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Two New Collaborative Research Centres at the University of Cologne

The Collaborative Research Centre (SFB) 1310 ‘Predictability in Evolution’ and the Collaborative Research Centre/Transregio 228 ‘Future in Rural Africa’, both newly established at the University of Cologne, will be funded by the German Research Foundation (DFG) for a period of four years.

Evolutionary biology traditionally deals with the reconstruction of past processes and the kinship relations between species over long periods of time. SFB 1310 ‘Predictability in Evolution’ explores how future evolutionary processes can be predicted at least in the short term. It investigates systems that develop particularly rapidly, such as microbes, viruses, immune systems, and cancer cells. Ultimately, the scientists want to develop methods of prediction for important processes in these systems, including the evolution of drug resistance, the evolution of antibodies in immune systems, and the co-evolution of pathogens and their host organisms. The Collaborative Research Centre will be funded by the German Research Foundation (Deutsche Forschungsgesellschaft) with approximately 8 million euros over the next four years.

The managing university is the University of Cologne, with Professor Dr. Michael Lässig acting as spokesperson. In addition to the University of Cologne and Cologne University Hospital, the University of Düsseldorf, the Max Planck Institute for Biology of Ageing in Cologne, and partner institutions in Göttingen, Wageningen (Netherlands), Paris (France), and Lisbon (Portugal) are also involved.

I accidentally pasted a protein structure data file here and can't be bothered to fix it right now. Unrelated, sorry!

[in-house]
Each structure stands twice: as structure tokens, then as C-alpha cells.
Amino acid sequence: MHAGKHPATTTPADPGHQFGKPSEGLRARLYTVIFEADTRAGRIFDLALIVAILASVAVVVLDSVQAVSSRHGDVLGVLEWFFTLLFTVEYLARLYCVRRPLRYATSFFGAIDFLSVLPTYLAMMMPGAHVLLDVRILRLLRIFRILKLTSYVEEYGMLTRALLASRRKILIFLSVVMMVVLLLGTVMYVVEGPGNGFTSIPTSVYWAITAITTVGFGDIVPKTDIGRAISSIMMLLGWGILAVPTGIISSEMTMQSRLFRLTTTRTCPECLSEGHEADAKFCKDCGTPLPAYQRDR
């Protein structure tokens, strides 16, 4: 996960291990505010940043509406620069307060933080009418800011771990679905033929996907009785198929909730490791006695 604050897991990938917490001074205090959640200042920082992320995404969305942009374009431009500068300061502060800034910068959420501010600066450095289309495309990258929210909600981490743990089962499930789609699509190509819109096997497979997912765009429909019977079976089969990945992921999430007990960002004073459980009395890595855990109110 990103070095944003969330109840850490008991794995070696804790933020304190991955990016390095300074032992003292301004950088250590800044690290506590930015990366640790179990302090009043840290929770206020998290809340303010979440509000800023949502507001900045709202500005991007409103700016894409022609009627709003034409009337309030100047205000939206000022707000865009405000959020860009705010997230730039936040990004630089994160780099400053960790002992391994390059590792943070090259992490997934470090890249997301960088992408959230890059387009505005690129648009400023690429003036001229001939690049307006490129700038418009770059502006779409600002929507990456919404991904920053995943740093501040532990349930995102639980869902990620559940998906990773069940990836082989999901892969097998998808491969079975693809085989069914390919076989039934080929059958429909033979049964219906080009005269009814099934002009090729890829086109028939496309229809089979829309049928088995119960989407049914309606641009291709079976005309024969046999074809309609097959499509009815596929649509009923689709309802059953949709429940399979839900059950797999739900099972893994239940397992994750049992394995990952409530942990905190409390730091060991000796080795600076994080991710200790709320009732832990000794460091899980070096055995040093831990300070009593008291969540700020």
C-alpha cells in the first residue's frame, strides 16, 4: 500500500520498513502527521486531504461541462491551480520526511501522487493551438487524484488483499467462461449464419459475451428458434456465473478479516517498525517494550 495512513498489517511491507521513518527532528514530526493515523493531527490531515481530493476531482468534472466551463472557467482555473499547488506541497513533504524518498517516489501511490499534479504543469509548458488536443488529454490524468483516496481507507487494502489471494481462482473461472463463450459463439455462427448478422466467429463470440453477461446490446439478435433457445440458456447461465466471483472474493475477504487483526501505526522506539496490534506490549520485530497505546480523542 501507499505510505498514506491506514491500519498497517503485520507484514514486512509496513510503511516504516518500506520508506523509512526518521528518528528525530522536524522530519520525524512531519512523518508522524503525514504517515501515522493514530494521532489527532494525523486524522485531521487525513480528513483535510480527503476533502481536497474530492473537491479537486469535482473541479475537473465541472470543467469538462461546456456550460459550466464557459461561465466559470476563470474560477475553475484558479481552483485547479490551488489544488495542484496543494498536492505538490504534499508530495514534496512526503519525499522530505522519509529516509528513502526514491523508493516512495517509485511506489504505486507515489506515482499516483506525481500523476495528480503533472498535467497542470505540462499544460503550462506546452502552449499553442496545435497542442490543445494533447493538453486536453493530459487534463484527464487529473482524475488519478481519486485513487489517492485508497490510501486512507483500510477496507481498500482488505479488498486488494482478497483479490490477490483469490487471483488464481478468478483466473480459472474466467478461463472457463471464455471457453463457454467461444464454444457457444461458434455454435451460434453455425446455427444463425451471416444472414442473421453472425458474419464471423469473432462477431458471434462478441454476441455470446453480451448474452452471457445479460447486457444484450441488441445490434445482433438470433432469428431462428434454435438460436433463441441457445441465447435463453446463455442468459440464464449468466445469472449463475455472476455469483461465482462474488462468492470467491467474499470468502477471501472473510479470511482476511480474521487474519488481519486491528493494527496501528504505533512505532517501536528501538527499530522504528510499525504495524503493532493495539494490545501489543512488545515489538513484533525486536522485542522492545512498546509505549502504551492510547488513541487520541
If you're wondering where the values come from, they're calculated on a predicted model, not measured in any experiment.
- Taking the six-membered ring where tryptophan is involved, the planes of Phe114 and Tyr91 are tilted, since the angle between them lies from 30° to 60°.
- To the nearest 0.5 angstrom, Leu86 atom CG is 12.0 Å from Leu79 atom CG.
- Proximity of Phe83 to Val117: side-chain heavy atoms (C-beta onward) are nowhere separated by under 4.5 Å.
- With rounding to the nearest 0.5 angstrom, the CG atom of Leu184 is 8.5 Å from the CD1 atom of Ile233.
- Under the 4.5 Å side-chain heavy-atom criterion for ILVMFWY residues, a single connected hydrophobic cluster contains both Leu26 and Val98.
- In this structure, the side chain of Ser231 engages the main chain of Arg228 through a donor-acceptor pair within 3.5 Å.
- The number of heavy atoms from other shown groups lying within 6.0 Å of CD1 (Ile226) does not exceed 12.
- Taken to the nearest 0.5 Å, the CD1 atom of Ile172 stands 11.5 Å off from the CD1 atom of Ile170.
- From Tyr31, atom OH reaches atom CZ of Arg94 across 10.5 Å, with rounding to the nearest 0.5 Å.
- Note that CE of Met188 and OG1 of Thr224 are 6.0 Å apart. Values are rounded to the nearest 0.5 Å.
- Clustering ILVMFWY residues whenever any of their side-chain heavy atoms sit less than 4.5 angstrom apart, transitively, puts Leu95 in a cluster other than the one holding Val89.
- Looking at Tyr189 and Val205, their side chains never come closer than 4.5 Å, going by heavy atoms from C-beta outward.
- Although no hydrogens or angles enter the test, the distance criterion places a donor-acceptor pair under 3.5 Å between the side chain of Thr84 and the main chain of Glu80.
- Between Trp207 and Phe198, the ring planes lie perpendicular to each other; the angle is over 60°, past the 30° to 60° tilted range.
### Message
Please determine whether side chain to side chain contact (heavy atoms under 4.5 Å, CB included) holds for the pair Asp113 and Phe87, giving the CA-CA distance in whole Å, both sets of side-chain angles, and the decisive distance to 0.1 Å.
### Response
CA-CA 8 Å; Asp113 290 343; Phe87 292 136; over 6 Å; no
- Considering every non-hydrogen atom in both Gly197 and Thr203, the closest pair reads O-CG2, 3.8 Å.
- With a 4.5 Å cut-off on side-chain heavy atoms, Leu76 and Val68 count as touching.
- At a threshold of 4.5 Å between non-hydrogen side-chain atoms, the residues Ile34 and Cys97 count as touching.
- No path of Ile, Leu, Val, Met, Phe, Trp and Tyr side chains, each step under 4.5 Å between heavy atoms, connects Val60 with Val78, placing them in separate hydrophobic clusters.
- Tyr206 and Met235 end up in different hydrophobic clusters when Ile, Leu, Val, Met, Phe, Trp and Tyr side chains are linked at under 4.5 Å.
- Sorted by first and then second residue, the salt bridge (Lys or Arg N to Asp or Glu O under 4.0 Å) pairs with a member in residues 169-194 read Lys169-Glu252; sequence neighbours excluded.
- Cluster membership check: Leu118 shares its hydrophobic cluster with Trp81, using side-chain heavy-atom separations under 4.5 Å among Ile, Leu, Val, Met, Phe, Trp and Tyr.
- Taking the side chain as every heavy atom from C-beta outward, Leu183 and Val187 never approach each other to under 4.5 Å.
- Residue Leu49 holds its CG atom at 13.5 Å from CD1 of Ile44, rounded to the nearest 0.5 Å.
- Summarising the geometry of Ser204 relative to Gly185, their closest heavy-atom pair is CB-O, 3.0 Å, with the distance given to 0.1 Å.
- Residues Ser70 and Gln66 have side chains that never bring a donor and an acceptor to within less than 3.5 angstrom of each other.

Against the backdrop of rapidly advancing globalization, the CRC/Transregio 228 ‘Future in Rural Africa’ investigates how agricultural intensification processes and the expansion of nature conservation will affect rural areas of Africa. What impact do the seemingly contradictory, but often interwoven processes of increased land use by humans and the expansion of nature reserves have on socio-ecological change in rural Africa?

Researchers from the fields of geography, ethnology, agricultural sciences, and other disciplines analyse how different ideas of the future affect changes in land use. In this context, they pay particular attention to unforeseeable developments such as crop failures, droughts, and violent conflicts, which are characteristic of rural Africa. The focus is on areas in Eastern and Southern Africa.

The German Research Foundation will fund the CRC/Transregio with a total of approximately 10 million euros over the next four years. The CRC's managing university is the University of Bonn, with Professor Dr. Detlef Müller-Mahn acting as spokesperson. The University of Cologne is a co-applicant. The Bonn International Center for Conversion (BICC), the University of Münster, Charité (the university hospital of Humboldt-Universität Berlin), and numerous cooperation partners in Africa are also involved in this joint project.

Media Enquiries CRC 1310:   
Professor Dr. Michael Lässig
Institute of Theoretical Physics and Quantitative Biology
lassig(at)thp.uni-koeln.de
+49 221 470 4309

Media Enquiries CRC/Transregio 228:
Professor Dr. Michael Bollig
Institute for Ethnology
Michael.bollig(at)uni-koeln.de
+49 221 470 3501

Press and Communications Team:

Robert Hahn
r.hahn(at)verw.uni-koeln.de
+49 221 470 2396